Everything you need to know about Blue River Technology, and why John Deere just bought them for $305 million

Everything you need to know about Blue River Technology, and why John Deere just bought them for $305 million


Texas customers consider a See & Spray demo

When John Deere announced it was buying Sunnyvale, California, company Blue River Technology it fulfilled the dream of two Stanford graduates who met taking a course in entrepreneurship. Here's everything you need to know about John Deere's new West Coast employees, and how they're changing the future of agriculture.

Blue River is a young company

According to its site, Blue River Technology has only been in business sine 2011. It's the brainchild of Stanford graduates students Jorge Heraud and Lee Redden, who met taking a Steve Blank Lean LaunchPad course on building a startup, with a goal of applying their tech background to agriculture. An National Science Foundation grant helped them get on their feet.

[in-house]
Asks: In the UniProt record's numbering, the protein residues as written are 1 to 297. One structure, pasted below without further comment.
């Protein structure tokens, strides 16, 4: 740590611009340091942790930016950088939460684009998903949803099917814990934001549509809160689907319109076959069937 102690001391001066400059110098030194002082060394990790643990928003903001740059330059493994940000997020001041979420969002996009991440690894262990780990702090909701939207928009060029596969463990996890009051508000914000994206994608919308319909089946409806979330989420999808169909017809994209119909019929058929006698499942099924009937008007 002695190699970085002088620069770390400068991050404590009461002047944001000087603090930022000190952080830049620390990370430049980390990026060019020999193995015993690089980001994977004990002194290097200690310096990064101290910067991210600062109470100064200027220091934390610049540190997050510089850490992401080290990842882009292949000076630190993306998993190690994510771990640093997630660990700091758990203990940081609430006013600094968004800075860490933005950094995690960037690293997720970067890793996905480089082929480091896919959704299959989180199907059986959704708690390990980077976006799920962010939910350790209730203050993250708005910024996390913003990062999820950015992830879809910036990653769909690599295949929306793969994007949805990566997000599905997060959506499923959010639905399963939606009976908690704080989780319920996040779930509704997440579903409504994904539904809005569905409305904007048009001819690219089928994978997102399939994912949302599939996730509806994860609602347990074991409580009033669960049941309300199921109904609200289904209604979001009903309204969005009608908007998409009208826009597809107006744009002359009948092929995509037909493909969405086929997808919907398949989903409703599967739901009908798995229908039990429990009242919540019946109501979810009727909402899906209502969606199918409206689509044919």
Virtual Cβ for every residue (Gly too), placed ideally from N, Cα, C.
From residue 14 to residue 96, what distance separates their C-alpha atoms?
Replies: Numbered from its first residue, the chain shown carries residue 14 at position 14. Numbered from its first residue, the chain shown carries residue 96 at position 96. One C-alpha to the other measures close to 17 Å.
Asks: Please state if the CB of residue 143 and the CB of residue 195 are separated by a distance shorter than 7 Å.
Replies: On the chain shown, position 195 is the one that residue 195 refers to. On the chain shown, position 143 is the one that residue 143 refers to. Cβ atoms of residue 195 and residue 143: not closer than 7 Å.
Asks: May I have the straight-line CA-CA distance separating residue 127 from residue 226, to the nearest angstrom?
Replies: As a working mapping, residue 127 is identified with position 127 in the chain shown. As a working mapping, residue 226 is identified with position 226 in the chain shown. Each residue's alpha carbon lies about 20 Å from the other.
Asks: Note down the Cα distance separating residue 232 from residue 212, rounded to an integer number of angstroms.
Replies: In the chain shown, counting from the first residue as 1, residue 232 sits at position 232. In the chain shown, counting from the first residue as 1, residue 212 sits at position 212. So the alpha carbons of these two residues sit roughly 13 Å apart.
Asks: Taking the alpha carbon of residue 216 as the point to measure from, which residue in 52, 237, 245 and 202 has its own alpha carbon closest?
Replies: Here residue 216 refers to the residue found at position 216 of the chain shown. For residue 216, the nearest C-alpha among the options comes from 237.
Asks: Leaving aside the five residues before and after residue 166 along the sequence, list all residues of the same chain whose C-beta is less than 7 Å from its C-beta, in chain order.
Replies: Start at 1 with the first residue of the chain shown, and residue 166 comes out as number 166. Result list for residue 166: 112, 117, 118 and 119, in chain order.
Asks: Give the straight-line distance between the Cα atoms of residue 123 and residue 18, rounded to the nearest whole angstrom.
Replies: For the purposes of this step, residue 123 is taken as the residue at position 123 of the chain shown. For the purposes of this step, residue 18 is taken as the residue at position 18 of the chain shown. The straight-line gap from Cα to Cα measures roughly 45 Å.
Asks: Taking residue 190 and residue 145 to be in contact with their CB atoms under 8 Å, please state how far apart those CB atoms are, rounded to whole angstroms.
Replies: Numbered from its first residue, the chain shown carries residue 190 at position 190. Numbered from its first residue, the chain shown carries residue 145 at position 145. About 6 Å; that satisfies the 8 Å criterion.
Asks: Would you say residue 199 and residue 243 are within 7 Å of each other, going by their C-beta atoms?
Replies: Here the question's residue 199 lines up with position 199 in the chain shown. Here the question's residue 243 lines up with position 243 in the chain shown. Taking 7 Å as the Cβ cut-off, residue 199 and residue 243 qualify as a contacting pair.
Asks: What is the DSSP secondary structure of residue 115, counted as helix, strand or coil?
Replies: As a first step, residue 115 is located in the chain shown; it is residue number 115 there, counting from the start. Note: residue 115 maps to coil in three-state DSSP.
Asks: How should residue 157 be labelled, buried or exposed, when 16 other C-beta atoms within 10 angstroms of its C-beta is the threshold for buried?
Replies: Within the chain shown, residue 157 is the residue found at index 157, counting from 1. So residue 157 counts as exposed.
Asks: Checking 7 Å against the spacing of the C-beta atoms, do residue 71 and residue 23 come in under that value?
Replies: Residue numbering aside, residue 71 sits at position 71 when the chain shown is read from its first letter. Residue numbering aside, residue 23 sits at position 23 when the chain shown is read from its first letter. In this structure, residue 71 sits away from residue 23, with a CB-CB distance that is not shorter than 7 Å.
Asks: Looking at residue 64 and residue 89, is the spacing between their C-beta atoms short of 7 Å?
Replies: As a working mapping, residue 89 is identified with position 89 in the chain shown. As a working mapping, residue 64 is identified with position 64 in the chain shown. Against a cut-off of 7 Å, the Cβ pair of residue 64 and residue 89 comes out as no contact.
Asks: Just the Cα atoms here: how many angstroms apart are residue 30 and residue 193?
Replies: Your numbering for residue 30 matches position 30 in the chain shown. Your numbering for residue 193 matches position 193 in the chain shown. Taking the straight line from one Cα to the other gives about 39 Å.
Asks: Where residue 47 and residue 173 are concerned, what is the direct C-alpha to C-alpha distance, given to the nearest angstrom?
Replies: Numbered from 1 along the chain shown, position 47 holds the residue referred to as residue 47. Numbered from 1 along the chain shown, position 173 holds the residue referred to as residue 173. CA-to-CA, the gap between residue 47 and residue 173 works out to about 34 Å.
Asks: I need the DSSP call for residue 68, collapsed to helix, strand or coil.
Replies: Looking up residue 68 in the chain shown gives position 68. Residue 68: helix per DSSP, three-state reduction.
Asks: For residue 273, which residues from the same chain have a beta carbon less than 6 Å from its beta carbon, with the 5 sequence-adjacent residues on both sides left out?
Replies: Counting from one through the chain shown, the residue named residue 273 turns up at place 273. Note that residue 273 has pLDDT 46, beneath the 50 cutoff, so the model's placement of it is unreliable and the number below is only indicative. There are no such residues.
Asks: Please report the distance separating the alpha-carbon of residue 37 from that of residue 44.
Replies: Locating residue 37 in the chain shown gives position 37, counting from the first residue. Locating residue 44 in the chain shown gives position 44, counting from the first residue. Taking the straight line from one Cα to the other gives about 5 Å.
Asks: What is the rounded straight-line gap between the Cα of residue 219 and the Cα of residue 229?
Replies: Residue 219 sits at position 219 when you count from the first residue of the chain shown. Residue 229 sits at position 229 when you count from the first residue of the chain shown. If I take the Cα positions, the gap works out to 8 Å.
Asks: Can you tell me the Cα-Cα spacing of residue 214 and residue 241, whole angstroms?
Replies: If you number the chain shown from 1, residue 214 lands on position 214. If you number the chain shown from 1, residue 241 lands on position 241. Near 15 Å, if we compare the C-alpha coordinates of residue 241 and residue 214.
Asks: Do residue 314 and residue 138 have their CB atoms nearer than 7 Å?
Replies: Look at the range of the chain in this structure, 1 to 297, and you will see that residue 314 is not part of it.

Blue River is small

Its office in the heart of Silicon Valley has roughly 60 employees, and will continue operating as a brand independent from John Deere.

The deal has been in the works for a while.

John May, president of agricultural solutions and CIO at Deere, told Fortune: "We've been working together for about a year and a half, just to make sure that our strategies aligned."

Its first major success was a lettuce-tending robot

LettuceBot is already active in farm fields, monitoring lettuce plants to ensure they aren't growing across each other and and targeting weeds. Approximately 10 percent of U.S. lettuce production is under the care of LettuceBots.

They love drones, too

Blue River Technology is also working on a drone imaging system to collect data from the fields, an example of which you can view here:

John Deere loves Blue River's See & Spray technology

Redden calls the sprayers, which are towed behind regular tractors but use cameras with machine-learning software to differentiate between crops and weeds, a way for farmers to decrease the amount of herbicide they have to use by as much as 90 percent. Unlike conventional sprayers, the system can get away with spraying herbicide at size roughly equal to a postage stamp.


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